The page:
Food & Drink

Acclaimed Peruvian food-courter goes full-on restaurant

Published On 05/24/2012 Published On 05/24/2012

Because as they say: when one door closes, another door opens, and when that one closes, use the window, silly... lauded traditional Peruvian food-court stand Mo-Chica is closing its doors (er... tiny hatch on top?) tonight, but then on May 30th, the sure-to-be-lauded sit-down restaurant Mo-Chica will open theirs. Expect tons of sit-down-restaurant design elements (solid wood tables, an open kitchen, a giant wine wall), plus one awesome-if-you-loved-G.I.-Joe-and-Bob-Ross design element: traditional Peruvian action figures that've been individually painted by famous local toques, including Mo-Chica's own Food & Wine Best New Chef Ricardo Zarate, Kogi guy Roy Choi, and Mozza's Nancy Silverton. The menus are still coming together, but Zarate promises classics from the original location, as well as newness like spicy tuna ceviche (w/ yuzu mayo & grilled bread), roasted fish flown in from Peru, and dishes made with alpaca, an exotic meat that shockingly isn't against the law-ma to cook. Thankfully, unlike the original stall, they've got a liquor license, with a dude from Zarate's other brick-'n-mortar Picca making available-in-punch-bowl libations like the Papa Don't Peaches (rum, apple brandy, lemon & peach bitters) and the Teenager Dream, which's basically a ton of different teas mixed with Pisco sour that, presumably once consumed, will see you rudely awakened to sticky pajama pants. Oh, and Zarate's toasting the closing at the original Mo-Chica's tonight with gratis champagne for anyone who stops by, because as they say, when a lauded traditional Peruvian food-court stand closes, it's time to get crunk on bubbly.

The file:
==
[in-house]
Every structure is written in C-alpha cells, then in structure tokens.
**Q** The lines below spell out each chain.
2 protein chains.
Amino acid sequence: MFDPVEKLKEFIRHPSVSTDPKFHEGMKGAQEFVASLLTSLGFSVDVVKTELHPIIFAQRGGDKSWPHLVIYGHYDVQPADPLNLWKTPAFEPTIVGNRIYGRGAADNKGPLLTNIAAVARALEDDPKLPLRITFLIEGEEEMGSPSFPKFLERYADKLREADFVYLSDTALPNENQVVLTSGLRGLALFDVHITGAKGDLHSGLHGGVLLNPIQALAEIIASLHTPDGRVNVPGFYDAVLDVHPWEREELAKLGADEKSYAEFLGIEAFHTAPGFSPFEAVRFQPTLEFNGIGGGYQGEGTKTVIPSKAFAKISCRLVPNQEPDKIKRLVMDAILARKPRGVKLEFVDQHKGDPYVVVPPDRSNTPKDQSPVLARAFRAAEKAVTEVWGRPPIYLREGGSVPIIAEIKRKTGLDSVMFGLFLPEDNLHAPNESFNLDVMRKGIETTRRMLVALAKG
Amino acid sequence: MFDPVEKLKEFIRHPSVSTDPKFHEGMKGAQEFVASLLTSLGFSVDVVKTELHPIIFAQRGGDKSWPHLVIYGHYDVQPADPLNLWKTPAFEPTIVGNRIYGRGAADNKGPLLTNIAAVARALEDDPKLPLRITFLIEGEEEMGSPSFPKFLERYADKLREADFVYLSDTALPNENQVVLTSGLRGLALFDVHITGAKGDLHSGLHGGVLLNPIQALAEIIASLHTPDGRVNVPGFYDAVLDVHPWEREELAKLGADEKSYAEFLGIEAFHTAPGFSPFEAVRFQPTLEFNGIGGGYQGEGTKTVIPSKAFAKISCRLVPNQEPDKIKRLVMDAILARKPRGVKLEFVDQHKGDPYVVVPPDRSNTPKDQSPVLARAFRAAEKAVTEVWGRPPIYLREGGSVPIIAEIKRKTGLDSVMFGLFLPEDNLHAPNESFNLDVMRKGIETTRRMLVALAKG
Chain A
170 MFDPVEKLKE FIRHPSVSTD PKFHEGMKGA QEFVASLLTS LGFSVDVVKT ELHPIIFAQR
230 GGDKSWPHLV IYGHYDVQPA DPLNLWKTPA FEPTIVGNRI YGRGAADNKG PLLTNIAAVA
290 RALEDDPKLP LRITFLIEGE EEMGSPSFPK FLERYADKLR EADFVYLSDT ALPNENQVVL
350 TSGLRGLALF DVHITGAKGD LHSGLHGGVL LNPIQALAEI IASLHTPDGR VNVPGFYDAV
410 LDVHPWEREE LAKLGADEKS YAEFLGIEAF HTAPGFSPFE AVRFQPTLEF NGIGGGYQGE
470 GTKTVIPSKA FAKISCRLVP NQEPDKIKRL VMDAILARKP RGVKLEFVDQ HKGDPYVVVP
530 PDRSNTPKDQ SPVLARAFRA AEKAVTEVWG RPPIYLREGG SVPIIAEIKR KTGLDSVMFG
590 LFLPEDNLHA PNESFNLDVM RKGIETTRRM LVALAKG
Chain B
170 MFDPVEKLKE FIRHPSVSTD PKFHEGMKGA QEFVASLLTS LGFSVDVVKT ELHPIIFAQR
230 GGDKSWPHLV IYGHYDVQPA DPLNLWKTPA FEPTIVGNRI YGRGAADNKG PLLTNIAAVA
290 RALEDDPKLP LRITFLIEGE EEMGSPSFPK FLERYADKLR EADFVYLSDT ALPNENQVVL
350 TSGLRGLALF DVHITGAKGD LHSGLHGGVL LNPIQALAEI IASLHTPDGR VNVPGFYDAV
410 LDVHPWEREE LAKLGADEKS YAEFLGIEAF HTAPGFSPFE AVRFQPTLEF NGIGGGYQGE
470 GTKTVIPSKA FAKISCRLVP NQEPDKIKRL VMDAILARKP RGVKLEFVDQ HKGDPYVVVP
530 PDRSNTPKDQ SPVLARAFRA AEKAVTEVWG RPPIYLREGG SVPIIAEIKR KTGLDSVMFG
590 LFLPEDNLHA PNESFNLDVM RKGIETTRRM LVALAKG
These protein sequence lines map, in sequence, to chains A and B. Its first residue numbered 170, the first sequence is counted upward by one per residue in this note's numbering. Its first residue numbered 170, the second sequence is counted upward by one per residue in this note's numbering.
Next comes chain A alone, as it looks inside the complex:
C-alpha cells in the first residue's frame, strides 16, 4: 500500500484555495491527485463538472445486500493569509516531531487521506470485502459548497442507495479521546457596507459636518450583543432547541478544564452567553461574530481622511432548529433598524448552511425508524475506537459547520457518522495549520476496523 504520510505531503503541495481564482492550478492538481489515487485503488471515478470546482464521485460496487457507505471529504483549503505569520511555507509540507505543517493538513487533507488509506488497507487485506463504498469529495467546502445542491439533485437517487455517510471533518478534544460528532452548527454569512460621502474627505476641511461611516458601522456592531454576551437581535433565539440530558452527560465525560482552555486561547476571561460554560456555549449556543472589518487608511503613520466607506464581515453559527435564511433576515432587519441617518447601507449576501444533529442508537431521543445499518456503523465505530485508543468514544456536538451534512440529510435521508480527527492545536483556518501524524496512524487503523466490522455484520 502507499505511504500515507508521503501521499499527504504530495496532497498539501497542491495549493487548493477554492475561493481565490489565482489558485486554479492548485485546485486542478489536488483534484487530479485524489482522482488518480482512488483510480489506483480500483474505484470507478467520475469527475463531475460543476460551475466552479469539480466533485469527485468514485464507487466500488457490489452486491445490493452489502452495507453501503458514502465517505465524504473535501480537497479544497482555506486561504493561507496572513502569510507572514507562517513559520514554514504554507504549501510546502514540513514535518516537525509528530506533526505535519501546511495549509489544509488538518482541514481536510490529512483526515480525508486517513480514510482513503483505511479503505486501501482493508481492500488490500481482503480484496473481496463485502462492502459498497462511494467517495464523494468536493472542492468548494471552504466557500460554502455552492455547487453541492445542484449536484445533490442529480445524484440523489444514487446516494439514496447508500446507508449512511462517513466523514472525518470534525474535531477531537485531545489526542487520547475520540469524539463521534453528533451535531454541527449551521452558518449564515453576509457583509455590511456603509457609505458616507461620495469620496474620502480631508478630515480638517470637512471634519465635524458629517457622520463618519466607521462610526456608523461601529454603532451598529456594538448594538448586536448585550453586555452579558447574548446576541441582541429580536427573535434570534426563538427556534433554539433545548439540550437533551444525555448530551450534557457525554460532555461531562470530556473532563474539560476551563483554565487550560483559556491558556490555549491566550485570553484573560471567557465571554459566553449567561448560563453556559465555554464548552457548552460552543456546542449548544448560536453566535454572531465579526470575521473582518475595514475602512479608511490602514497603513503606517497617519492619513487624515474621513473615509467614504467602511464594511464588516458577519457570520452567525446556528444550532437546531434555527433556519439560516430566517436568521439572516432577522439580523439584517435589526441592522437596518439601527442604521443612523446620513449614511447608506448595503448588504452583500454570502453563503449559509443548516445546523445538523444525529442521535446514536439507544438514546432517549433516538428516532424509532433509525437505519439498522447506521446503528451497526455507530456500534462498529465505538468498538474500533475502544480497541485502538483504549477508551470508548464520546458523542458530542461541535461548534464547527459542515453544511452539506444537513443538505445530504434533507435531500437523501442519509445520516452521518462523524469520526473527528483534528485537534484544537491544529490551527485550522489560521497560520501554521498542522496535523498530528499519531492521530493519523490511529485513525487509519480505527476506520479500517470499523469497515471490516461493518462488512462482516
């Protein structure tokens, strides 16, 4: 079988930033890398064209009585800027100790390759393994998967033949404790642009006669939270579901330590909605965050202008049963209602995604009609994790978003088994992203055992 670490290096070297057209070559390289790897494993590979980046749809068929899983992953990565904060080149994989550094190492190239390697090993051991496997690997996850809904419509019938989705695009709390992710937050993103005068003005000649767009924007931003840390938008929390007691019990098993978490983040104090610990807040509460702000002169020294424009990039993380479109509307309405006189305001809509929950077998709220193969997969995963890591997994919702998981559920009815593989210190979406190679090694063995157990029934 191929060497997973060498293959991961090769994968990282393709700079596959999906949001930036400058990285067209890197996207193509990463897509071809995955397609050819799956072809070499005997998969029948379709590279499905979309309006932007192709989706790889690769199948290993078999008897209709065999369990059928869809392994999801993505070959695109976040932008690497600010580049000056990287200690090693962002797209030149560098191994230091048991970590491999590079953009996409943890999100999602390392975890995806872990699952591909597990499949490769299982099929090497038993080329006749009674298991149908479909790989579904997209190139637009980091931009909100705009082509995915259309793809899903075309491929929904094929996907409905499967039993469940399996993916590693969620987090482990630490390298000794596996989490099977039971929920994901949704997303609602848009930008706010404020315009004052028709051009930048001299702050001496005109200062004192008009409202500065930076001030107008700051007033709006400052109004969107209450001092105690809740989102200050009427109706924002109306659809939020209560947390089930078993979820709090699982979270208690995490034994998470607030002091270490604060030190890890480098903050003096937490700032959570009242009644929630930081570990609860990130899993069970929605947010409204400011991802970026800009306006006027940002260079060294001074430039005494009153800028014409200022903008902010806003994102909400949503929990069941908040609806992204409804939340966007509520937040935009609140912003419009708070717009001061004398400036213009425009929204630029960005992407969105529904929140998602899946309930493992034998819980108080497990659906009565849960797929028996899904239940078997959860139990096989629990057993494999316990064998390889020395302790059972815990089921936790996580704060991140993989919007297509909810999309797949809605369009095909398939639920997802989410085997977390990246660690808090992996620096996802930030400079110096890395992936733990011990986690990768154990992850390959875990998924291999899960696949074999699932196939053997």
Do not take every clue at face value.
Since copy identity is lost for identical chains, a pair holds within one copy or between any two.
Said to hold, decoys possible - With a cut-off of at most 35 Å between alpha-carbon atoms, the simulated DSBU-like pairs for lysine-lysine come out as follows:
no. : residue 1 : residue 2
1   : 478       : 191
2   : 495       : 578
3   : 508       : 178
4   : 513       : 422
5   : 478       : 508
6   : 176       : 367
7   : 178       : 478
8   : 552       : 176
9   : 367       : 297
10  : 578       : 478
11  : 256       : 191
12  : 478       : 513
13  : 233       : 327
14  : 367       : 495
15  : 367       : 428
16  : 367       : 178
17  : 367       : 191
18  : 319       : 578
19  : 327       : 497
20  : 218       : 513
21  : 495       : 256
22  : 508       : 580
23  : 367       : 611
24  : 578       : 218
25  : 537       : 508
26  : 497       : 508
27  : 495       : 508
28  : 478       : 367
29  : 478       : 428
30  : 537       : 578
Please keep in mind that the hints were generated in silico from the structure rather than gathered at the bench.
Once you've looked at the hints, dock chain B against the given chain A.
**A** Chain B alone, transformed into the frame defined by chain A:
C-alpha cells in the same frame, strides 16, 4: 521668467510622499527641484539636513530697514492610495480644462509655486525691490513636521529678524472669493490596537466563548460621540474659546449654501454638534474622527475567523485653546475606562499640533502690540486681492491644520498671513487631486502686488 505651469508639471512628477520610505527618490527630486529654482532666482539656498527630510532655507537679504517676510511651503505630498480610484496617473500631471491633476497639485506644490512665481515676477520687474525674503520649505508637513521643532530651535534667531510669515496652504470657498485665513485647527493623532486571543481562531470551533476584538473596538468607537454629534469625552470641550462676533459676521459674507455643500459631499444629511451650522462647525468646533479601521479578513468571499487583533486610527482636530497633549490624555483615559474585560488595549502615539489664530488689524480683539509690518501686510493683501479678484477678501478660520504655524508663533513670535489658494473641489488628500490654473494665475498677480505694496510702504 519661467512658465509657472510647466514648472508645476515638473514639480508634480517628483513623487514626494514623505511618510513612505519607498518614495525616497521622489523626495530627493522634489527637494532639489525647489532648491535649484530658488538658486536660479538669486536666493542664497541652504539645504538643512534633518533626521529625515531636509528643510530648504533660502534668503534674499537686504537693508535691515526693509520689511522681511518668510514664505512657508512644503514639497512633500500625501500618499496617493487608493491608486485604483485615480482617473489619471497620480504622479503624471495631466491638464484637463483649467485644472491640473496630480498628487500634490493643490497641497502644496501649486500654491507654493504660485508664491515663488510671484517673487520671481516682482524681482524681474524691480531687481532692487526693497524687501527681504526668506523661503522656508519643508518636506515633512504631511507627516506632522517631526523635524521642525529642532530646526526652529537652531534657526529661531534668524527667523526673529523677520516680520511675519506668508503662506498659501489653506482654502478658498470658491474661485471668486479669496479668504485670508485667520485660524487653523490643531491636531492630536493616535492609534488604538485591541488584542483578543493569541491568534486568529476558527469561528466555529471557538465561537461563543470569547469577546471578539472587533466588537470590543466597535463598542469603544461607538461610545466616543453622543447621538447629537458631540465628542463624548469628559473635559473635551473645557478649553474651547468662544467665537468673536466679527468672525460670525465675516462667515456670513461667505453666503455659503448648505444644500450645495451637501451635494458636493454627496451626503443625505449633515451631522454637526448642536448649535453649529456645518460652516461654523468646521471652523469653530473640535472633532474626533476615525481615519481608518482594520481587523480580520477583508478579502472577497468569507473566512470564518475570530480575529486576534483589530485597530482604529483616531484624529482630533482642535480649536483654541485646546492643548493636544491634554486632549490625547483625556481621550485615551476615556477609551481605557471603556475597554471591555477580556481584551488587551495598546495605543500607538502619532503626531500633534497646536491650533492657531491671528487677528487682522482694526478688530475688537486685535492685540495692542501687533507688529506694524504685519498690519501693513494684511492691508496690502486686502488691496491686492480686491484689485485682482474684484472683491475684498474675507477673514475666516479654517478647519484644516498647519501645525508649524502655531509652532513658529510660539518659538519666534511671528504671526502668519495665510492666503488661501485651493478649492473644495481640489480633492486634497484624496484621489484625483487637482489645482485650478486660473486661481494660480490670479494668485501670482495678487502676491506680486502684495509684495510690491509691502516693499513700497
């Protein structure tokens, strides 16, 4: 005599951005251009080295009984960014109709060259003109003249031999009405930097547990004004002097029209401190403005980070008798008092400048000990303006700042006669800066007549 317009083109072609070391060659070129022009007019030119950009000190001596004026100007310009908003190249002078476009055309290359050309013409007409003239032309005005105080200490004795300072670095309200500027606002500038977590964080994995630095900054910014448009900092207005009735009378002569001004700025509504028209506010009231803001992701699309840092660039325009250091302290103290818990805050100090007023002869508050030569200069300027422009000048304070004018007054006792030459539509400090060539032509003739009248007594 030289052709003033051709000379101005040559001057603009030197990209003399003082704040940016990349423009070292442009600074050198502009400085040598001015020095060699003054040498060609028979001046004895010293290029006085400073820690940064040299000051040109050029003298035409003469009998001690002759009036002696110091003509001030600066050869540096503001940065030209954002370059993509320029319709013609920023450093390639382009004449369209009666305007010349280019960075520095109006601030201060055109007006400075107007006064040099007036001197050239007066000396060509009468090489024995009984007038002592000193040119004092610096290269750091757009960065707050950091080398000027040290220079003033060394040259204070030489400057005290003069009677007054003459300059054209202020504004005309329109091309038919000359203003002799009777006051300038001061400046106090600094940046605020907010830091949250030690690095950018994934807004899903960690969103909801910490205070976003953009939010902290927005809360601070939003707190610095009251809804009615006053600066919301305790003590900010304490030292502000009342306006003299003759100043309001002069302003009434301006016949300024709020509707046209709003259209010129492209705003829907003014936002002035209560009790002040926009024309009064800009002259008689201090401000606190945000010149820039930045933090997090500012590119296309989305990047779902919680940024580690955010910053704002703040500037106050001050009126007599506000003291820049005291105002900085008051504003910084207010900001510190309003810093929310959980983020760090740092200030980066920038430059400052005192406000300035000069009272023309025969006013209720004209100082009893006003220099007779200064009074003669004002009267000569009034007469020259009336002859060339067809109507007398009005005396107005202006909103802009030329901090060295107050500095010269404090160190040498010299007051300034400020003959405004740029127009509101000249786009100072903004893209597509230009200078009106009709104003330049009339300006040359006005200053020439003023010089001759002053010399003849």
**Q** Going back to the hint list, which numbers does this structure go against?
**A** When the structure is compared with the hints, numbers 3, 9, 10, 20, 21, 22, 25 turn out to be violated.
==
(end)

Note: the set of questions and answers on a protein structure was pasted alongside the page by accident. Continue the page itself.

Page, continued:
Previous Venue Next Venue Venue Description
1. Mo-Chica 514 W 7th St, Los Angeles, CA 90006 (Downtown)

At Mo-Chica, expect tons of sit-down-restaurant design elements (solid wood tables, an open kitchen, a giant wine wall), plus one awesome-if-you-loved-G.I.-Joe-and-Bob-Ross design element: traditional Peruvian action figures that've been individually painted by famous local toques.

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